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With bond yields skyrocketing to unsustainable levels, it’s no surprise to see EZ leaders bicker about what should be done to keep the crisis from getting worse. Now they’re debating about whether the ECB should just print more money or if it should still stick to its mandate of keeping inflation in check.

If you’ve been following my blog, then you’re a cool cat who probably knows that Italy’s bond yields have risen over 7%, the level that forced Greece, Ireland, and Portugal to ask for bailouts. However, after a few days, it’s not just Italy that’s treading the bailout territory. In its most recently concluded bond auction, Spain paid 6.97% for its 10-year bonds. Not only is it a hairsbreadth away from the 7% mark, it is also the highest rate since the introduction of the euro. Yikes!

Sadly, it seems like the mounting pressure from markets isn’t helping European policymakers come to a consensus. The region’s biggest economic superpowers, Germany and France, are at a deadlock on what the ECB’s role should be in the crisis.

We’ve seen the two nations argue about plans to stem the crisis before. Now their most recent debate started when French Finance Minister Francois Baroin insisted that the ECB should step up its game. His plan is for the EFSF bailout fund to have a banking license that would allow it to borrow from the ECB. By doing so, there is more money available to insure debt-ridden nations which would consequently boost investor confidence.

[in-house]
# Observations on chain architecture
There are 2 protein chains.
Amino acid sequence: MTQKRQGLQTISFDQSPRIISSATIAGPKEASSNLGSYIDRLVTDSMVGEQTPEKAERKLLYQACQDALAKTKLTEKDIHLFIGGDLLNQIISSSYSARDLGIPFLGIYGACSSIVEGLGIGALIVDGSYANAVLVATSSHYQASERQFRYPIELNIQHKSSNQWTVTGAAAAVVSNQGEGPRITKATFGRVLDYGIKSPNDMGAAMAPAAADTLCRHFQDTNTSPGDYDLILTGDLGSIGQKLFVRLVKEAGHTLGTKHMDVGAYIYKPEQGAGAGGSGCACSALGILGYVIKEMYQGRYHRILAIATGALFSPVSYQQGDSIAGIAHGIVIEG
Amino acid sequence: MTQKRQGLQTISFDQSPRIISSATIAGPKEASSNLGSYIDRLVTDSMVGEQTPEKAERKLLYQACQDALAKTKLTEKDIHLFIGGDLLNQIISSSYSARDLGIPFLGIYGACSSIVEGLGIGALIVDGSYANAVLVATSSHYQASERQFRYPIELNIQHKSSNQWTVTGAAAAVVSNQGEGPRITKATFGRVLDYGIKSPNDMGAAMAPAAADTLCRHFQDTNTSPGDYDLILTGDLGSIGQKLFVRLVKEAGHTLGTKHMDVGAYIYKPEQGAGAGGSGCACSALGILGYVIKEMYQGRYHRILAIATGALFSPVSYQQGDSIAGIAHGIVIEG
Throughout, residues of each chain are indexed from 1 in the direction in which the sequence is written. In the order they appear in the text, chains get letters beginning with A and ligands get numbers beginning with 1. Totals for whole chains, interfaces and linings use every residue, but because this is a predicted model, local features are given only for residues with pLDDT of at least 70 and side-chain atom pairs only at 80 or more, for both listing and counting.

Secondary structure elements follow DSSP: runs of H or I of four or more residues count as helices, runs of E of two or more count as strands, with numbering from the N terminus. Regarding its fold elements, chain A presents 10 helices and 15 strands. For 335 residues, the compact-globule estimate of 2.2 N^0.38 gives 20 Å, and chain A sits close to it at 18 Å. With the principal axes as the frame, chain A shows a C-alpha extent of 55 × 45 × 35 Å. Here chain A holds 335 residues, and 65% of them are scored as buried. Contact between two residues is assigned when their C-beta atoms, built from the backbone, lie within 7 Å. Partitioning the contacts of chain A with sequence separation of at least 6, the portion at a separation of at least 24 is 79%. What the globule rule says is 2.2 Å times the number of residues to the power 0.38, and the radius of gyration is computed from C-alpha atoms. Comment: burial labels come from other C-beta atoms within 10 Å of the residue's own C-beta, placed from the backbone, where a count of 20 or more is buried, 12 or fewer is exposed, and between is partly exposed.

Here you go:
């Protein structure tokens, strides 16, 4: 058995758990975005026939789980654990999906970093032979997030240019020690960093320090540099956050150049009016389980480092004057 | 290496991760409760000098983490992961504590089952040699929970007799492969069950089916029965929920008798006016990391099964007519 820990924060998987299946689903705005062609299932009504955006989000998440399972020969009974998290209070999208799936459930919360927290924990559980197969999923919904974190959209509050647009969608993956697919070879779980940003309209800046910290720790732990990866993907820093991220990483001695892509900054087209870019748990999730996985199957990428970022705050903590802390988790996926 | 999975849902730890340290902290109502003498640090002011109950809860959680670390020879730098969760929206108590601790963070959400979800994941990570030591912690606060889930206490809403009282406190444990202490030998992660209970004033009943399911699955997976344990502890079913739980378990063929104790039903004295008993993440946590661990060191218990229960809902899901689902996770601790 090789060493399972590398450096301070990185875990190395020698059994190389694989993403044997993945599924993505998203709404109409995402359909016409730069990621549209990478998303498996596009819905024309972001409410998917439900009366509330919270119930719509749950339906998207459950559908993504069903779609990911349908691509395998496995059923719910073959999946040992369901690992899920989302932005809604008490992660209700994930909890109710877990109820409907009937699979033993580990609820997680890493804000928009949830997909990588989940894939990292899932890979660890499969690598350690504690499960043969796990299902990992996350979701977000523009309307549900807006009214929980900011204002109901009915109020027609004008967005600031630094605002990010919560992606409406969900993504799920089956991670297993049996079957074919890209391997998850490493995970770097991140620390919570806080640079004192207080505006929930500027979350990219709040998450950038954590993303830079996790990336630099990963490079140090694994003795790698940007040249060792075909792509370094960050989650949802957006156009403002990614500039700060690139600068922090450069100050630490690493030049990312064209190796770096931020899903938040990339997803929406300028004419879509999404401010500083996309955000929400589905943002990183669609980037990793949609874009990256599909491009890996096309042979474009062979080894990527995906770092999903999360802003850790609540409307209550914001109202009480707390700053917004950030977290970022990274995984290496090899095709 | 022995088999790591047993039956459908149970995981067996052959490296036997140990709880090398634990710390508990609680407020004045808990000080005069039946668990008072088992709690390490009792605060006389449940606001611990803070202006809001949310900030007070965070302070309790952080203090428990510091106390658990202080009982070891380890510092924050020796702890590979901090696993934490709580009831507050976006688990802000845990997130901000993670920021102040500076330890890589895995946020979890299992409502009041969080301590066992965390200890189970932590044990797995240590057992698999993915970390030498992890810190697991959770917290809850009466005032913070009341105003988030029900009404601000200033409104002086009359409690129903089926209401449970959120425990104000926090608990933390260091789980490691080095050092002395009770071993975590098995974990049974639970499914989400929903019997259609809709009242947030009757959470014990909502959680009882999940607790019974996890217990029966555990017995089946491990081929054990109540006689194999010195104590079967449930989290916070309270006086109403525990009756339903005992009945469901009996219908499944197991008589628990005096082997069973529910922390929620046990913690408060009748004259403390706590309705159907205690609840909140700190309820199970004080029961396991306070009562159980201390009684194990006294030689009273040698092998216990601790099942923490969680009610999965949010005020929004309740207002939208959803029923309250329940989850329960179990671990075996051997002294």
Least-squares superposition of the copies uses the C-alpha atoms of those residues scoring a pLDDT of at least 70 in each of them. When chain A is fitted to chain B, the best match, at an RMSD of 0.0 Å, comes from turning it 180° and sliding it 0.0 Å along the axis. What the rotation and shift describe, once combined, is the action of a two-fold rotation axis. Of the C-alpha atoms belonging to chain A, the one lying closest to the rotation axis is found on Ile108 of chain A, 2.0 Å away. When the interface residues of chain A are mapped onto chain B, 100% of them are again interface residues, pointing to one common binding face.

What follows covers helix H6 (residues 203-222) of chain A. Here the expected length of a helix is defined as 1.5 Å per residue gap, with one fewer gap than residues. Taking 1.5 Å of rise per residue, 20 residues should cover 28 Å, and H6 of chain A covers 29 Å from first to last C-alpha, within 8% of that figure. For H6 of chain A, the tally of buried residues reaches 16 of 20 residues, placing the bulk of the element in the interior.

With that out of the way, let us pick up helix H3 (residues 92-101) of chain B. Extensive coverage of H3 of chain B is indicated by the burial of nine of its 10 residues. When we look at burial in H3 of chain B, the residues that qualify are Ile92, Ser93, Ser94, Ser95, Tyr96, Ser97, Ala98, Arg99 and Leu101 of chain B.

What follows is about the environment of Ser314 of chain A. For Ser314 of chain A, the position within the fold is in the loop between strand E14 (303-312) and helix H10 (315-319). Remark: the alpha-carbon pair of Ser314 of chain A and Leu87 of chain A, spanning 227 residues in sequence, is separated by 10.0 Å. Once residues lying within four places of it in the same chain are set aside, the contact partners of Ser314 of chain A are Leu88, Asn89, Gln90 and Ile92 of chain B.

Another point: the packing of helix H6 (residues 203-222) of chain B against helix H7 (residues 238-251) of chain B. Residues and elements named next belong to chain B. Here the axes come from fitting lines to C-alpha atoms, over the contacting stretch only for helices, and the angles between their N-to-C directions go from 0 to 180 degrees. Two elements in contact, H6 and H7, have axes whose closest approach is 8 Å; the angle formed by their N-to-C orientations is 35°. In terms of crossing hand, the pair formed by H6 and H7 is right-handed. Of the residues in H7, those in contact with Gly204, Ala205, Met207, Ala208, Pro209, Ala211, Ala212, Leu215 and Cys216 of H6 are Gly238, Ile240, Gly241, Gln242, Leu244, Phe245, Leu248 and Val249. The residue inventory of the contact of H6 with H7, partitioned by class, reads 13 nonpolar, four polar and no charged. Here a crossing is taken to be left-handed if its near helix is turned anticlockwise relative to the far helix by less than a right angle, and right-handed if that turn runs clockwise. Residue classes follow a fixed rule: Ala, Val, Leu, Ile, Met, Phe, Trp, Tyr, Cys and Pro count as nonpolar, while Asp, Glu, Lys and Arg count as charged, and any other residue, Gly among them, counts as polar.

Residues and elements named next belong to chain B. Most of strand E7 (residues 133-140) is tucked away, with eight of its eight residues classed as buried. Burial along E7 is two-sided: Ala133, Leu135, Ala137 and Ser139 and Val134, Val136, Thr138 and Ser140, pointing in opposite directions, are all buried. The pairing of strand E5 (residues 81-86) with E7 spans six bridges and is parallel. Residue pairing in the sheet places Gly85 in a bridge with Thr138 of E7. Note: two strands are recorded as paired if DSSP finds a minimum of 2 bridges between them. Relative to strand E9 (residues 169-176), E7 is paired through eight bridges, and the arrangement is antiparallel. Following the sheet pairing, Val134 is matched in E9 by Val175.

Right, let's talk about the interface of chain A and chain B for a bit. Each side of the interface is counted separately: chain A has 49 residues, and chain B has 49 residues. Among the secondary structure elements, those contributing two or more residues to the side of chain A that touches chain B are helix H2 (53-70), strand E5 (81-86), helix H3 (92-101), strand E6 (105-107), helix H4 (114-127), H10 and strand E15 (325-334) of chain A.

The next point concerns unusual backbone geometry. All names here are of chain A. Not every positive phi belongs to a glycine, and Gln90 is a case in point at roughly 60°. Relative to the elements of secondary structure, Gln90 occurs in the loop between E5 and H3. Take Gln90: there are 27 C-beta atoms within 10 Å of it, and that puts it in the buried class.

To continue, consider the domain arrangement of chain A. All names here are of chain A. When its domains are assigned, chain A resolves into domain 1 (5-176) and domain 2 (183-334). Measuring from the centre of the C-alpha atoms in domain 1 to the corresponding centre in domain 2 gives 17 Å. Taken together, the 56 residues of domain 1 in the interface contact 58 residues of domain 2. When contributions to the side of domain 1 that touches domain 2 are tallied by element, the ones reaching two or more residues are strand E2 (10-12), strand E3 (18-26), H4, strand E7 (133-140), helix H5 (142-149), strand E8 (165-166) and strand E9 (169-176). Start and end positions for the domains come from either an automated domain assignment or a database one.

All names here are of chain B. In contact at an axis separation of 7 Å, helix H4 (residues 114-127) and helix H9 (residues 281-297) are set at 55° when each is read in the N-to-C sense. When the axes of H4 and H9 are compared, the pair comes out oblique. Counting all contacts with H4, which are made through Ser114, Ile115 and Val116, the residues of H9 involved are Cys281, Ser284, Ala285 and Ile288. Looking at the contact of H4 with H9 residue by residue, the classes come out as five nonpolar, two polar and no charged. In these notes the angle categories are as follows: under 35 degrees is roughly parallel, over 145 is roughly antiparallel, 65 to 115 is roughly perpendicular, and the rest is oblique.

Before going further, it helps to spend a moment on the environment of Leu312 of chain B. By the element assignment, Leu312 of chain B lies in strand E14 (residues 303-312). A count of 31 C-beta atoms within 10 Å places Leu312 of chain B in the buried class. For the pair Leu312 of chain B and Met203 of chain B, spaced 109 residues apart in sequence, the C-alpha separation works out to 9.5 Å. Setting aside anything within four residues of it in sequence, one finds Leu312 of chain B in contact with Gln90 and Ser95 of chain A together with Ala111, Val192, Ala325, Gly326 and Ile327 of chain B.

However, German Chancellor Angela Merkel is against the idea of the ECB printing more money and becoming a lender of last resort. In her defense, Mrs. Merkel says that the move won’t solve the problem. She suggested instead that policymakers should just focus on restoring market confidence by ironing out the details of the EFSF and changing the EU treaty to implement stricter budget controls.

Don’t think that ECB policymakers have just been sitting idle as the debates intensify. Just last week, there were rumors that the central bank stepped in the bond markets and bought Italian bonds to keep yields from rising.

Now some of you might be saying, “The ECB should just keep on buying bonds then. Voila! Problem solved!” Err, unfortunately, that’s easier said than done young Padawan.

You see, the ECB has to sterilize its bond purchases. In geek lingo, sterilization is simply the process by which a central bank mitigates the side effects of capital inflow (i.e., inflation). The ECB is able to do so by issuing one-week deposits that require European banks to place cash with the central bank. The total amount of which is then equal to the total money that the ECB spent in buying bonds. In the process, the money supply is kept constant, and doesn’t fuel inflation. Of course, the obvious downside to this is that its effect on bond yields is temporary.

On the other hand, Monsieur Baroin’s idea which would require the ECB to print more money will have a more lasting effect on the bond markets. But the problem is, according to ECB head honcho Mario Draghi, the move is outside of the bank’s responsibility and against its mandate of maintaining price stability.

Perhaps the ECB’s bond buying would be enough if credit rating agencies weren’t so excited about issuing downgrades. Don’t get me wrong, I am also a fan of Mrs. Merkel’s mantra that prevention is better than cure. However, with naysayers already warning that a credit downgrade could be around the corner, how long do you think will the ECB’s bond buying program be able to keep bond yields from rising until confidence is restored by promises of tougher austerity measures?

I don’t know about you, but I’m not holding my breath for that. Neither am I keeping my hopes up that support at 1.3500 on EUR/USD will hold. But then again, that’s just me.